Friday, September 28, 2018

Can We? Shall We? Oh, Just Dance!

 Celebrating George Gershwin,
who along with Brother Ira,
wrote the music for A Damsel In Distress, in 1937.
No Ginger this time around;
nope, RKO chose 19 year old Joan Fontaine to star opposite
Fred Astaire (above).
Too bad she couldn't dance!
Fred wanted to replace her with Ruby Keeler, 
who very much could.
Didn't happen.
It was the first Astaire picture to lose money.

 Actor Charley Chase was first cast to be Fred's valet
in the film,
but had to drop out due to ill health.
The part was rewritten for George Burns and Gracie Allen,
above with Astaire.  
George Gershwin died 4 months before the movie was released.

 Another Gershwin Hollywood creation,
Shall We Dance", also released in 1937.
A ton of goodies in this one,
from the title song to "Slap That Bass,"
"Walkin' The Dog", "I've Got Beginniner's Luck",
"Let's Call The Whole Thing Off",
and "The Way You Look Tonight"
(supposedly Fred and Ginger's favorite).

 George and Ginger...on the very civilized set of "Shall We"...
they knew each other from Girl Crazy,
which Ginger did at the age of 19,
her Broadway debut!

Broadway's Girl Crazy...
the Gershwins' hit of 1930.
That's Ethel Merman in the center, age 22,
playing Frisco Kate.
She got to introduce both
"I Got Rhythm" and "Sam And Delilah".
Below, Ethel with co-star William Kent,
with a hat that looks like it weighed more than he did.

Above, Ginger, as the female lead, Polly,
and The Foursome.
Girl Crazy "made Ginger a star".
She got to introduce "Embraceable You", "But Not For Me",
and "Could You Use Me?"
The pit orchestra included Red Nichols, Glenn Miller, Gene Krupa, 
Tommy Dorsey, Benny Goodman and Jack Teagarden. 
Onstage pianist for Ethel:
Roger Edens, 
who would remain a good friend of The Merm for many years.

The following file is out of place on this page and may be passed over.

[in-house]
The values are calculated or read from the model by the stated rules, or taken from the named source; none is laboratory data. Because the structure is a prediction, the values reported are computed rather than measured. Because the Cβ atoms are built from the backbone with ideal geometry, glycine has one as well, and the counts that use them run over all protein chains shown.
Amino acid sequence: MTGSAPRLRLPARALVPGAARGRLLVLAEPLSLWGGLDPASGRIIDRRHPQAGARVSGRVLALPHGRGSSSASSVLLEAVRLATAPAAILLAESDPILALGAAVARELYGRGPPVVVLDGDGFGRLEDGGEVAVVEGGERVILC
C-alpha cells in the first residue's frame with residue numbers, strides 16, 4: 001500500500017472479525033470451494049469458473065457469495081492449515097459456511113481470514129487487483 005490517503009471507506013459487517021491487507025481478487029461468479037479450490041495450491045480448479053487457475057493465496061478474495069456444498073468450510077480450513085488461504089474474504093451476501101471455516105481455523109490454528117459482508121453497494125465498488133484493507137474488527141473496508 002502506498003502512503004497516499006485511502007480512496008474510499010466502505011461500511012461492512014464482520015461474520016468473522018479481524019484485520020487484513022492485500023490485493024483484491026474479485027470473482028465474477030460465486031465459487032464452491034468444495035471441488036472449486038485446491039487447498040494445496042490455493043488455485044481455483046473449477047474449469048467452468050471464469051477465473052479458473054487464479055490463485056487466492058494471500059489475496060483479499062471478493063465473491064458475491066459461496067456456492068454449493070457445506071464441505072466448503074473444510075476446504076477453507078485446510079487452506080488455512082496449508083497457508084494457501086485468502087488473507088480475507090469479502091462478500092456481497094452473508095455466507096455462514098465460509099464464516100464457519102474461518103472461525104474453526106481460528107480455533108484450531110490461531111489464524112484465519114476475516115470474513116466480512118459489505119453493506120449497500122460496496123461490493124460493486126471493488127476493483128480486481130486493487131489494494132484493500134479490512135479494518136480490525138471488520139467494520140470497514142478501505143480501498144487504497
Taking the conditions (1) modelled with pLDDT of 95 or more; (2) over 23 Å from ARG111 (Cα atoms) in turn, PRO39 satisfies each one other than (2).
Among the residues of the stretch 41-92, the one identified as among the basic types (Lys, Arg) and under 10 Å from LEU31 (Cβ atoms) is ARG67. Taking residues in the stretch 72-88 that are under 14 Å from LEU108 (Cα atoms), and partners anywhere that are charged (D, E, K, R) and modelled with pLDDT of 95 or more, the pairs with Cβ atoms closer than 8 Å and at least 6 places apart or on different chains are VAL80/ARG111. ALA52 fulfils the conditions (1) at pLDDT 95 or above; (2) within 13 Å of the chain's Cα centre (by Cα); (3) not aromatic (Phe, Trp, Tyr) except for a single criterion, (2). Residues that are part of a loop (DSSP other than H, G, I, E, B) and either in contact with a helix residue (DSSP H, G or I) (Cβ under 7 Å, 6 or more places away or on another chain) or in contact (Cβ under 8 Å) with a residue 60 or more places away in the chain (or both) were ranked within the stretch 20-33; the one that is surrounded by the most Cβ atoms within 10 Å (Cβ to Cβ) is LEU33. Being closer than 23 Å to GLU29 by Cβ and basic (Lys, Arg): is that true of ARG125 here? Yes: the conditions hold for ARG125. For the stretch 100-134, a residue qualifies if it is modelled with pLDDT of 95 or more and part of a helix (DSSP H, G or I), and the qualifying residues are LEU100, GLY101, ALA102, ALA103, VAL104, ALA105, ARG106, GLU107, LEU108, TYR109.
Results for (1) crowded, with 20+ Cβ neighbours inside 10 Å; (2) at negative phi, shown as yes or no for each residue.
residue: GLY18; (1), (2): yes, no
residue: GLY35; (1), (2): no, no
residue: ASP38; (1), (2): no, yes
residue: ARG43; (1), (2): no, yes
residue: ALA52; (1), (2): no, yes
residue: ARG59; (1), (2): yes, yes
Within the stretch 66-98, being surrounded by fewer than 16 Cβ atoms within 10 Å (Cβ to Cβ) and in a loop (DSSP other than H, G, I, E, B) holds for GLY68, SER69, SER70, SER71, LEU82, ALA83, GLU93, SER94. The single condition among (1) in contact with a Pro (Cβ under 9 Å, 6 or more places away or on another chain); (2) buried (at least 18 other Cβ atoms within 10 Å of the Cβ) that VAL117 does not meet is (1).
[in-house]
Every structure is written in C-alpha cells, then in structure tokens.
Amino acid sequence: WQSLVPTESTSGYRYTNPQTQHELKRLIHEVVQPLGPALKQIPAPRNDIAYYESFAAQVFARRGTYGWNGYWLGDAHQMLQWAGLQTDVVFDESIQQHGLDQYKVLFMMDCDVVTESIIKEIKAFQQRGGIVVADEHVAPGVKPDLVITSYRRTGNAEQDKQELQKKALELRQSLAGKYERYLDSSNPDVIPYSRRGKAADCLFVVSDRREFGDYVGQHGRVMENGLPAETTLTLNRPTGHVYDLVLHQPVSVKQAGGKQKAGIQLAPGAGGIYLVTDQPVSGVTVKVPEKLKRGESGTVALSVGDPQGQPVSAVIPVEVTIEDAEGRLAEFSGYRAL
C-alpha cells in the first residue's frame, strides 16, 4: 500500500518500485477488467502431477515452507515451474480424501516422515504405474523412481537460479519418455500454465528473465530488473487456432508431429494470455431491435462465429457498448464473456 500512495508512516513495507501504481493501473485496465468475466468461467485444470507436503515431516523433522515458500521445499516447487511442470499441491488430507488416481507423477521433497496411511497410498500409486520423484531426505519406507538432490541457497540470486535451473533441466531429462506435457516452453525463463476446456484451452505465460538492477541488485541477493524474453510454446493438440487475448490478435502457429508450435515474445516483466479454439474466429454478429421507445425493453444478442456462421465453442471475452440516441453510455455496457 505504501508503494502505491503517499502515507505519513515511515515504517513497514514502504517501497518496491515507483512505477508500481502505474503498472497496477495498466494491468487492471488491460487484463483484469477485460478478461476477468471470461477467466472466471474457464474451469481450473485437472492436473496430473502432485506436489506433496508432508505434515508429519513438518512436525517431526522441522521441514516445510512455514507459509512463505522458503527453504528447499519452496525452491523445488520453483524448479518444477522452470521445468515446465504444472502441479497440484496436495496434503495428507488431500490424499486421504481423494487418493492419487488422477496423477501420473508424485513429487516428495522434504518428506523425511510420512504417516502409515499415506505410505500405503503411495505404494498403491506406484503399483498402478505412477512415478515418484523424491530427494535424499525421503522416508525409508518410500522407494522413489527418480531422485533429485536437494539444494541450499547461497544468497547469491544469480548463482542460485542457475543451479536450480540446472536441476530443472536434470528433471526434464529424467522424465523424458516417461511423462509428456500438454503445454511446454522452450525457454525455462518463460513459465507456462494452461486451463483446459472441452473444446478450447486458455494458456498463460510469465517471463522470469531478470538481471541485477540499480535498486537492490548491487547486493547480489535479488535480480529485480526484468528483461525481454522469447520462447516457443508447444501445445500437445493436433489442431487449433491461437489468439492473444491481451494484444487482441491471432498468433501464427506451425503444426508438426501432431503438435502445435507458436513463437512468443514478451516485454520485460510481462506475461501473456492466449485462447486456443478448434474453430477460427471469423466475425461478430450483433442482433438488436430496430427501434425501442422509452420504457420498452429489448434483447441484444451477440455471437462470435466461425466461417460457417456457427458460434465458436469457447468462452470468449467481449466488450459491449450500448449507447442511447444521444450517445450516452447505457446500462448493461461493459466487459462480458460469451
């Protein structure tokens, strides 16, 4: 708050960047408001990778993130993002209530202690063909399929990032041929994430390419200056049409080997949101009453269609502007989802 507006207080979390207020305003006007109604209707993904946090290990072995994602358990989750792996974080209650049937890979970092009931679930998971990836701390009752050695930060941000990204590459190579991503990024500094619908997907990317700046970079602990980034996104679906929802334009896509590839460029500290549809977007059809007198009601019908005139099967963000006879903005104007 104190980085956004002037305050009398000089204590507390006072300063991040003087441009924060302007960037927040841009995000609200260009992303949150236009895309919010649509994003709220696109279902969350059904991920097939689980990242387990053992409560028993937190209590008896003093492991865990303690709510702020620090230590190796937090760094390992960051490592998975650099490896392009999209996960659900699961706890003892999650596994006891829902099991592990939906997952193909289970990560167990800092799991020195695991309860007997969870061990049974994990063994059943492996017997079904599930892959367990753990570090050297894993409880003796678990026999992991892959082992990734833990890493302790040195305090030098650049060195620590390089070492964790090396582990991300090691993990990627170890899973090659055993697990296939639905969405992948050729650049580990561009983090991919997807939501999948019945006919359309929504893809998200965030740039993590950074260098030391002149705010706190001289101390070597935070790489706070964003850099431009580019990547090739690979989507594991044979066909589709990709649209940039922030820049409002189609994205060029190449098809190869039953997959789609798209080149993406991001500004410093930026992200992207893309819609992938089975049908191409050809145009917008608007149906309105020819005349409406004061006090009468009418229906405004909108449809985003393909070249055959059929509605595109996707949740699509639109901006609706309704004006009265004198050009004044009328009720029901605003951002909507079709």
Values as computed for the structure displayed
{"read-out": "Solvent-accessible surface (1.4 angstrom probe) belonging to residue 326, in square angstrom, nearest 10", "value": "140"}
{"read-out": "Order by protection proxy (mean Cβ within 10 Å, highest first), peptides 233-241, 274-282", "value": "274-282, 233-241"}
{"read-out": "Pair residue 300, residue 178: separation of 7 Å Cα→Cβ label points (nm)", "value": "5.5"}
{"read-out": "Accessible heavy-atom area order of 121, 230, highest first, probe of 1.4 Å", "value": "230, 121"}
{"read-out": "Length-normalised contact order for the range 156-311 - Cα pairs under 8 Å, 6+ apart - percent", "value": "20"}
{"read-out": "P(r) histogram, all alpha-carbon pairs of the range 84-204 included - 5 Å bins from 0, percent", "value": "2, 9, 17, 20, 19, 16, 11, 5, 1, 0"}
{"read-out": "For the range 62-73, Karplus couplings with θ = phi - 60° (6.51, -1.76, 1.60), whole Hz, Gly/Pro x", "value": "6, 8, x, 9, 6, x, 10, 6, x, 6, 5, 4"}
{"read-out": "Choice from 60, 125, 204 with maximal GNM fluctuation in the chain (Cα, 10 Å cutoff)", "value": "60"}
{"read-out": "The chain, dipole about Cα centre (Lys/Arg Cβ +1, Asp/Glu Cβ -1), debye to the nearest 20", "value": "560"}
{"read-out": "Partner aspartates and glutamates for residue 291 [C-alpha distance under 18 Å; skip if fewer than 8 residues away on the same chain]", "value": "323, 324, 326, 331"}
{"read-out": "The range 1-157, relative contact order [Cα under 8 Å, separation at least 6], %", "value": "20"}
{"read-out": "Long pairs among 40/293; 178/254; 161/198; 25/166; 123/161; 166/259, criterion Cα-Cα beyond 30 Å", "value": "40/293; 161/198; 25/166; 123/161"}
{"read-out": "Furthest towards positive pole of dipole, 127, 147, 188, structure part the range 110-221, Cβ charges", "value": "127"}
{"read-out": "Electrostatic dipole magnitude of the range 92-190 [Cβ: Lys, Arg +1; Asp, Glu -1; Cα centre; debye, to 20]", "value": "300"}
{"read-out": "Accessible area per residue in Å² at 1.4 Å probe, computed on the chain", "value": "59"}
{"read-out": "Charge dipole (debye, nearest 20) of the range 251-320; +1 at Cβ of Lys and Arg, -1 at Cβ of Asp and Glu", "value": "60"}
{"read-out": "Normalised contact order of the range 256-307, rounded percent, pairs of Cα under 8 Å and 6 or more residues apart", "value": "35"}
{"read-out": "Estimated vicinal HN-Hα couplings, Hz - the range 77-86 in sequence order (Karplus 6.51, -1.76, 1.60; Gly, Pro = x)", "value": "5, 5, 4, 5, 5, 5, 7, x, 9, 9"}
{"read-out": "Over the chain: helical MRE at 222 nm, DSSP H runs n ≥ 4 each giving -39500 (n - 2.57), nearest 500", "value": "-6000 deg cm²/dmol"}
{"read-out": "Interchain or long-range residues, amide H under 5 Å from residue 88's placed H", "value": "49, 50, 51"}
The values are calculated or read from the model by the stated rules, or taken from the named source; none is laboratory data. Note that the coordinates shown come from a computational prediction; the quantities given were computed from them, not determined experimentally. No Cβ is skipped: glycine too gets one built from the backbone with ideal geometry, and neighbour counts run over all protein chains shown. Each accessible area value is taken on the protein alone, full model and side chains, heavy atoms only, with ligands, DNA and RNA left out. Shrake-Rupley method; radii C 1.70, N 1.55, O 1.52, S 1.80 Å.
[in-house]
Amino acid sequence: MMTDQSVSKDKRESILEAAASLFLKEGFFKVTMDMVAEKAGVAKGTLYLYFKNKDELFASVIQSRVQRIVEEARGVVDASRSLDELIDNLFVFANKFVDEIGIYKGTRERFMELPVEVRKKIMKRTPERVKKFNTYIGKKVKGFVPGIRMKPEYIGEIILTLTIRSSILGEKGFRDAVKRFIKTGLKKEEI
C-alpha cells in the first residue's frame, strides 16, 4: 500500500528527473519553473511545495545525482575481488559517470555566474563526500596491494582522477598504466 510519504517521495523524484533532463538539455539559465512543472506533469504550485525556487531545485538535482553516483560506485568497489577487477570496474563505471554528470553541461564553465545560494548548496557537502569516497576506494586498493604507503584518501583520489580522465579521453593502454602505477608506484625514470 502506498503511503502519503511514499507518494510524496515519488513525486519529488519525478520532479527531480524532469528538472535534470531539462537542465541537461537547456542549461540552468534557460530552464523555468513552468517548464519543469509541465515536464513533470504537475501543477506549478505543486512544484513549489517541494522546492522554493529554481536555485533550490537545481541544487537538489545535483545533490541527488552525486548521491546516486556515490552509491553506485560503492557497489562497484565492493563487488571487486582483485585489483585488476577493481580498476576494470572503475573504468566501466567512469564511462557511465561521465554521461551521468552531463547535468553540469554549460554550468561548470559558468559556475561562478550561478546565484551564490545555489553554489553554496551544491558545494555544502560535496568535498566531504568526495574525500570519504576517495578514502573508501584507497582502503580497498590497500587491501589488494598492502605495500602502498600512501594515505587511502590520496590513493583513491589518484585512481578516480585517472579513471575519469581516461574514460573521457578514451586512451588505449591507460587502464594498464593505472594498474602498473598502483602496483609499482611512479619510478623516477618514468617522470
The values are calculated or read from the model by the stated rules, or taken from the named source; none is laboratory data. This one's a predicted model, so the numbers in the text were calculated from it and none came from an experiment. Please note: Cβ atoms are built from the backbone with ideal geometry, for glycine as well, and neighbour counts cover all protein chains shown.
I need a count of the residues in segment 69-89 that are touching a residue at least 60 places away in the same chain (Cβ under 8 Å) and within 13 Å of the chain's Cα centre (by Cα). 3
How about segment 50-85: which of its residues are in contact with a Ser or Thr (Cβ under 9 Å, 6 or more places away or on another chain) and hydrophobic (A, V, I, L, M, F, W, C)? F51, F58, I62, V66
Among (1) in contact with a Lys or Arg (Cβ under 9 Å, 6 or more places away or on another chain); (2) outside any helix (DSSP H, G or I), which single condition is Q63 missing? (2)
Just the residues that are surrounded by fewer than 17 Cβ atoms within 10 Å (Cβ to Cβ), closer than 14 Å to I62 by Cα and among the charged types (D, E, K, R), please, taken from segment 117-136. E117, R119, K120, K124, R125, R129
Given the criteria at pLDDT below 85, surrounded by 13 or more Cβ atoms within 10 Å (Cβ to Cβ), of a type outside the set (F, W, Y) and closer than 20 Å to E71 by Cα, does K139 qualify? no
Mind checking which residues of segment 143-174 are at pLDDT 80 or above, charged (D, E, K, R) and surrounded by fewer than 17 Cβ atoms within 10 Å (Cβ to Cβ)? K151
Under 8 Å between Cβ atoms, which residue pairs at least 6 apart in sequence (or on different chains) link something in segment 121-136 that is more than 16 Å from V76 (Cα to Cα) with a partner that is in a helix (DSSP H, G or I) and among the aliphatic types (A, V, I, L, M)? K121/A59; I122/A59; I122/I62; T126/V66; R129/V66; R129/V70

Annnnd on opening night, George Gershwin himself conducted.

 Ending a Gershwin-ized show with Cole Porter?
Why not!
Another excuse to play more Marin Mazzie,
above with Brian Stokes Mitchell,
in the 1999 revival,
the first Broadway production since the 1948 original.

  Above "Too Darn Hot"
and below, the replacement Broadway cast:
Carolee Carmelo (Parade) and Burke Moses (The Frogs).

Wednesday, September 26, 2018

Ode to Marin

 Marin Mazzie
landed in NYC in 1982, fresh from Western Michigan University.
Her first musical was in an Equity Library production 
of Where's Charley?
And The World Goes 'Round, Passion, Ragtime, Kiss Me Kate, Kismet,
and other Tony nominated performances followed.
 Above, Marin as Helen Sinclair in
Bullets Over Broadway.

 Marin met Jason Danieley while performing 
in Trojan Women: A Love Story, in 1996.
They would later sing together in cabaret acts.
  In fact they were to unveil a new act,“Heart to Heart,” 
at Feinstein’s/54 Below in June, 
but had to cancel because of Marin's declining health.

 Above in Bullets with Zach Braff,
and below in Kiss Me, Kate.
Said Ben Brantley of her performance in the later,
“Her outlandishly entertaining take on that 
great exercise in animosity, ‘I Hate Men,’ 
which here includes a vivid simulation of giving birth, 
goes over the top, for sure,
but it doesn’t go out of control. 
And when Ms. Mazzie needs to switch to a lyric sincerity, 
for ‘So in Love’, her soprano shimmers like polished silver.”

 With her Kate co-star,
Brian Stokes Mitchell,
in Kismet.

 Misia, yet to be produced on Broadway,
but done in concert with Marin in the title role.
Previously unpublished songs of Vernon Duke,
knitted together by Barry Singer.
We'll hear "My Heart And I".

 As Clara in Sondheim's Passion, 1994,
opposite Jere Shea.
A breakthrough role for Marin, and a Tony nod.

 As part of the 2010 celebration of 
Stephen Sondheim's birthday, with
Laura Benanti, Chip Zien, Johanna Gleason, Jason Danieley,
Marin, Mandy Patinkin and Bernadette Peters
(among others!).
 Marin even took a turn as The Lady Of The Lake
in Spamalot.

 In May of 2016,
Marin replaced Kelli O'Hara in the Lincoln Center revival of
The King And I,
with Daniel Dae Kim as the King. 

 Marin was diagnosed with ovarian cancer
in 2015.
She passed away on September 13, 2018,
only 57 years old.

Tuesday, September 25, 2018

Playlist For Sunday, Sept. 30, 2018: George and Marin and Cole and Betty